The Free Model

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The Restricted Free License

TechTransform, February 28, 2002: Do you want your software product to dominate its category? Read on.
There is one proven strategy that will help make your product a world standard and it doesn't rely on any one partner; it is to make the full product license FREE for personal and educational use.
In this scenario, corporations have to pay a license fee but they often get some "pro" or development kit features. Also, special versions of product can be sold (at a small fraction of retail) into the promotional products industry and for specialized partner network applications.
This is a well-proven strategy outlined in my article Marketing The Free, used to great success by both WinZip and the original Netscape browser. It generates both current corporate revenues and a wide user base for paid upgrades to the higher level products.
Since you are requiring the free users to register, you can get their names and email addresses and other demographic information. This creates a large base of users you can communicate with.
Registration is also how you'll pick up the corporate users, by the way, because in the US larger companies are required to answer truthfully to the "personal or corporate use" question you ask in the registration form.
Spreading the word: FREE product is the best vehicle for affinity network promotions and is how people will spread a great idea through peer recommendation.
This is the model that made the 1995 Netscape browser a world standard and (this is the real secret) drove its corporate server software sales.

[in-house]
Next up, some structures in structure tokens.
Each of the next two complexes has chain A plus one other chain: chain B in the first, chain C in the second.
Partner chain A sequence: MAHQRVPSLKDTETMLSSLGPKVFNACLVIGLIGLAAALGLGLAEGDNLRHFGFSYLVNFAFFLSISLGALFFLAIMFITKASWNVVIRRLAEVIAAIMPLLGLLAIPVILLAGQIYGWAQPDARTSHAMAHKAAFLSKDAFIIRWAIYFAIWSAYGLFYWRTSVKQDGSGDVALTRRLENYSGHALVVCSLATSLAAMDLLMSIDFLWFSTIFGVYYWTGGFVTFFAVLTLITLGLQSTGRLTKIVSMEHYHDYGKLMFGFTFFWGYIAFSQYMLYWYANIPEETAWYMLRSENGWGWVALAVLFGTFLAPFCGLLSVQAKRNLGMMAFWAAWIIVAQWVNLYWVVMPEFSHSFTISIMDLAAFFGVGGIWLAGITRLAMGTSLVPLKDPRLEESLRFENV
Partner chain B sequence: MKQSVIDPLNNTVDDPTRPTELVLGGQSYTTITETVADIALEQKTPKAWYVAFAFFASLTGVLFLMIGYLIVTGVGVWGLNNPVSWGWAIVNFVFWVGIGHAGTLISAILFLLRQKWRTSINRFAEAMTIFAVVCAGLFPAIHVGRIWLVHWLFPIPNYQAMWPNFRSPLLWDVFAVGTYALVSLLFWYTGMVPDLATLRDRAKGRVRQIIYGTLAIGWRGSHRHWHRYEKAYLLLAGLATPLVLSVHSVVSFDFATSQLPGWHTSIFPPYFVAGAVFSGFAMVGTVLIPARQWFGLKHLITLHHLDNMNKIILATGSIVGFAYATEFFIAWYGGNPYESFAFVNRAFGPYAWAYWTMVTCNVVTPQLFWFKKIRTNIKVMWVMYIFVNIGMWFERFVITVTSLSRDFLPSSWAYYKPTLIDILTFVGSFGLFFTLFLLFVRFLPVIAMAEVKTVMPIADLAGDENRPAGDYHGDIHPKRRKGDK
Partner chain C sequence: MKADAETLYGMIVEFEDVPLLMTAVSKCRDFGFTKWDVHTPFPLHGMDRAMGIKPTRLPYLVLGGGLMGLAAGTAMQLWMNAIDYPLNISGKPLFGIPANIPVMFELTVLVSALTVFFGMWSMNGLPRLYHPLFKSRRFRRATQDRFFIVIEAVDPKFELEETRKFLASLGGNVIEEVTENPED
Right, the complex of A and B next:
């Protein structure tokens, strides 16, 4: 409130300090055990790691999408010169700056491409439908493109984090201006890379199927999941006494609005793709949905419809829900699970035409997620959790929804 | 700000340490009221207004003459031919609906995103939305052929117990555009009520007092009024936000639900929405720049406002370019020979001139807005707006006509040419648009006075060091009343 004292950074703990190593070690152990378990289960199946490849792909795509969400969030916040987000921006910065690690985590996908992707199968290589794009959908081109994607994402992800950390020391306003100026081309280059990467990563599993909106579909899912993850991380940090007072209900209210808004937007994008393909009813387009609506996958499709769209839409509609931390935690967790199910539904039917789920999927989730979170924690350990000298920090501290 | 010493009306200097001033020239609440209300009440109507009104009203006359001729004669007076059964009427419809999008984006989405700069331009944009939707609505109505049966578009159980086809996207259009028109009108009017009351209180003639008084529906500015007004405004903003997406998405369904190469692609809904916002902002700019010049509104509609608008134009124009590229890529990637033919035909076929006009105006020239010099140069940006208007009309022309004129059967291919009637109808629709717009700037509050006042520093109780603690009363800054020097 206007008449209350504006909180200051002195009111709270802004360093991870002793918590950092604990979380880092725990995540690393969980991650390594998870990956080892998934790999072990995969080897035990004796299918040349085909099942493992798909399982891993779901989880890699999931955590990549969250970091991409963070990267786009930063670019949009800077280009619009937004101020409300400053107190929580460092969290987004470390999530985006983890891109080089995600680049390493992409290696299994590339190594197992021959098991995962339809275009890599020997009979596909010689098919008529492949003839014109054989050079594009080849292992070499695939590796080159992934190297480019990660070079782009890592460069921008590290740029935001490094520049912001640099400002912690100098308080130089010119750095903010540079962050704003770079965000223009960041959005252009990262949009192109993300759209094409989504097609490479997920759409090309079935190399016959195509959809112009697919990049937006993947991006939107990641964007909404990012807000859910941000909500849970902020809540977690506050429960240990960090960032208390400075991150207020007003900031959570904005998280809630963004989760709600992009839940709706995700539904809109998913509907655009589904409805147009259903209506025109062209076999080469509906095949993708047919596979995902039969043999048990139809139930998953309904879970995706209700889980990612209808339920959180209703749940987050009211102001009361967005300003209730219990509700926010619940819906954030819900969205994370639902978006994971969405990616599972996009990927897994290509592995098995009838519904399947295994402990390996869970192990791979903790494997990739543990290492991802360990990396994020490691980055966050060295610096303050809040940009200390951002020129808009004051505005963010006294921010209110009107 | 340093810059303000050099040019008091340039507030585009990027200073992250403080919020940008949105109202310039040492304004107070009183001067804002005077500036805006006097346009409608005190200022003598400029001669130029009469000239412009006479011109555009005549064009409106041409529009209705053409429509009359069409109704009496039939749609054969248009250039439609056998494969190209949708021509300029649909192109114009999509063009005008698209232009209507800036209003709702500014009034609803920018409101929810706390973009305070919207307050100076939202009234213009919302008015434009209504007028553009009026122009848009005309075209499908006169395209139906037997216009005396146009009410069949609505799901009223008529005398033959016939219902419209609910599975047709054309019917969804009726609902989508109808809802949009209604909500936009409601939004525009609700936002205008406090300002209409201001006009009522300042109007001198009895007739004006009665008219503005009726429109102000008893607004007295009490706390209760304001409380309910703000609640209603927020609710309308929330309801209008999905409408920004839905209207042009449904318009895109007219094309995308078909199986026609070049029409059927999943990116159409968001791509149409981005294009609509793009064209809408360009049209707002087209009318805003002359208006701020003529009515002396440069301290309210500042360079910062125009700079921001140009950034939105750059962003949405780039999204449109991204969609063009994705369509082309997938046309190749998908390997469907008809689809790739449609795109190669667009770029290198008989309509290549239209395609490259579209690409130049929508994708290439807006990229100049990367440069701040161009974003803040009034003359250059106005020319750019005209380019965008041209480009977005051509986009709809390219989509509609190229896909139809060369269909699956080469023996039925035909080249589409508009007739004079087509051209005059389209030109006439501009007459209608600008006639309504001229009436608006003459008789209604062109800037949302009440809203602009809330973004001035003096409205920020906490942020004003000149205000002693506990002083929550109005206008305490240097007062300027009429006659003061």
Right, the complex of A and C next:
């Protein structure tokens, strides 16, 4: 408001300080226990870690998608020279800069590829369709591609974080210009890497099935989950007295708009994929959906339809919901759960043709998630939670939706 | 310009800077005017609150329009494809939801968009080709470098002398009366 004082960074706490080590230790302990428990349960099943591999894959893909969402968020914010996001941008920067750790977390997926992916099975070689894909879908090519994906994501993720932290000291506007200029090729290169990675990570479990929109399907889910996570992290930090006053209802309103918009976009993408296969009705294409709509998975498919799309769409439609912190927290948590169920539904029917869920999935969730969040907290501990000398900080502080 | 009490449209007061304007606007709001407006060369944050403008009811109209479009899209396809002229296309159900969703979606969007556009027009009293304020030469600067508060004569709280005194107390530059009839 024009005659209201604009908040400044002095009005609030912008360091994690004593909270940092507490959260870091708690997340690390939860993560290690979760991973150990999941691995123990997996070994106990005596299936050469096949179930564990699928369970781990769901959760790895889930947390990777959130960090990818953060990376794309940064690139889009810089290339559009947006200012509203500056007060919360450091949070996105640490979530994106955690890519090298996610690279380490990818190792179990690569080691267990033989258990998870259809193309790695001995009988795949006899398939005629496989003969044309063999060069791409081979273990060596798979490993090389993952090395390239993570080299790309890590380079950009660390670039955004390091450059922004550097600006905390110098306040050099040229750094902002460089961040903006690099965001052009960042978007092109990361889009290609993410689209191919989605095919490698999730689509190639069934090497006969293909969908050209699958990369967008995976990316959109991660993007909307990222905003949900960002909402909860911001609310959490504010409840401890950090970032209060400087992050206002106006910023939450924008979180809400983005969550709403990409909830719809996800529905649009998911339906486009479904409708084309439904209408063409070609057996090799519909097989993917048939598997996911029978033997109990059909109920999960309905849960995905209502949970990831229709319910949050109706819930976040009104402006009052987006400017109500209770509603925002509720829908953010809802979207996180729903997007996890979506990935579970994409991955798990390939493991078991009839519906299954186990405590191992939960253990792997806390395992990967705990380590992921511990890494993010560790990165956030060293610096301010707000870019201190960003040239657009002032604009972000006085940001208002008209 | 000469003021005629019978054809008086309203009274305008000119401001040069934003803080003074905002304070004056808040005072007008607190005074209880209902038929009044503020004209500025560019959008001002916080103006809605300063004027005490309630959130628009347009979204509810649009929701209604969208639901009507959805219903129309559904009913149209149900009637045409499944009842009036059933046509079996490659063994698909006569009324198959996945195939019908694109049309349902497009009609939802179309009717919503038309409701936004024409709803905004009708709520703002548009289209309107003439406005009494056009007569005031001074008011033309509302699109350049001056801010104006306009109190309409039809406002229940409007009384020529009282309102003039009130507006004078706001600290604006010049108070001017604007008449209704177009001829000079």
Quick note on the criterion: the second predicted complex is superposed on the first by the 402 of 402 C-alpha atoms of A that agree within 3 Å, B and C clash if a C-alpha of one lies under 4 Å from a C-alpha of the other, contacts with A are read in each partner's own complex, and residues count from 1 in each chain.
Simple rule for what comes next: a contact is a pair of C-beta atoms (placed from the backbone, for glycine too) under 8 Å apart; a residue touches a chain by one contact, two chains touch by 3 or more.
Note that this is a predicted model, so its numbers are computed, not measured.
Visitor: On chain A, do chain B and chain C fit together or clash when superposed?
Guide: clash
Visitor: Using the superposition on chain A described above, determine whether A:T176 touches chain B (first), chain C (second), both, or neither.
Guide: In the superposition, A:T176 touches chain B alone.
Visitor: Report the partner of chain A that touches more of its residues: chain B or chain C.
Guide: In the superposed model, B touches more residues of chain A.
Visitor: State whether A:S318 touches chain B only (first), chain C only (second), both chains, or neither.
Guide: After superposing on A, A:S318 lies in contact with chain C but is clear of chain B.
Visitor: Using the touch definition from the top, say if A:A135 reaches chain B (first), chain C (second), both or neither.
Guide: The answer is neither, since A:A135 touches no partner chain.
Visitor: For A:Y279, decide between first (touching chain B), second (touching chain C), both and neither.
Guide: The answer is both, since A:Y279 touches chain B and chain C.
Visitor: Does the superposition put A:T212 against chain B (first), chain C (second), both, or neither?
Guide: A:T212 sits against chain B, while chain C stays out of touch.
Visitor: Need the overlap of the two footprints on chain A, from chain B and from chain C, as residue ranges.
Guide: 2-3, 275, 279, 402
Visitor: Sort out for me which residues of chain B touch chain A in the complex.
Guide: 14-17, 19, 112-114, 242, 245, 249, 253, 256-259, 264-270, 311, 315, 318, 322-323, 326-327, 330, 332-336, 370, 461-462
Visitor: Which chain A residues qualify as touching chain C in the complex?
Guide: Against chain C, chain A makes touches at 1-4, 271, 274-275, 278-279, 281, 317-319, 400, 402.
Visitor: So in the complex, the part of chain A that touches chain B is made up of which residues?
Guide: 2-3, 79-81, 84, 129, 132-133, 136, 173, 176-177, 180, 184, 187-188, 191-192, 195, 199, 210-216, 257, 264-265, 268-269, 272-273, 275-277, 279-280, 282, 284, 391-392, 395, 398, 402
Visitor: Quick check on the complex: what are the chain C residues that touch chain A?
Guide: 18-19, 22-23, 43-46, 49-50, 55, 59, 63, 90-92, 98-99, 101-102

WinZip is another great example - in that case there is also a nagging "agree" screen that results even in personal users purchasing paid product to some degree.
At the end of the day when you have a great basic product there isn't enough budget to buy market share fast enough, and people end up copying you. So the key is a free model at the base of the pyramid, because people will relay free products to each other. That fuels the rest.
A "Restricted Free" service works just as well in services. ZDNet's David Coursey says this about the successful (and profitable) PalTalk: "[Founder] Katz could have cut expenses by discouraging his non-paying customers, but he's been wise enough not to. Instead, PalTalk will continue adding features for both paying and free members." Full Article
It is not hard to spread the word, on the contrary. It helps drive the building of a partner/affiliate program. The free product itself becomes the network-building item. Partners will like the idea of corporate up-sell and specialty versions.
In this "restricted free" (not freeware) model we would see income through the following actions:
a) convert the free users by running internal communication programs (email tips, newsletters) and policing commercial use,
b) upgrade non-commercial users for pro features and to remove the reminder screen,
c) pay affiliates and partners for referrals of corporate and specialty product, (and sometimes sell them the specialty product at deep discount)
This is a classic marketing strategy in the Microsoft space. In 1996 while at Quarterdeck, I helped negotiate a deal with Microsoft to include WebCompass as a download option for every user of Internet Explorer 4.0. Microsoft required it to be free, but we were permitted to upgrade users to paid product.
To me this was a self-evident proposition but I was not able to convince my employer (at the time they didn't think Internet Explorer downloads were a wide enough free vehicle), and WebCompass lost the market to competitors like Copernic ... but no one ever again had the opportunity to be included with Internet Explorer.
Another example: in 1997 I helped make ZipMagic a world brand, but I could not convince Mijenix to let it be "restricted free" and in this way destroy Winzip in the market. It was a better product, but it remains a smaller player today.
Updated March 4, 2002

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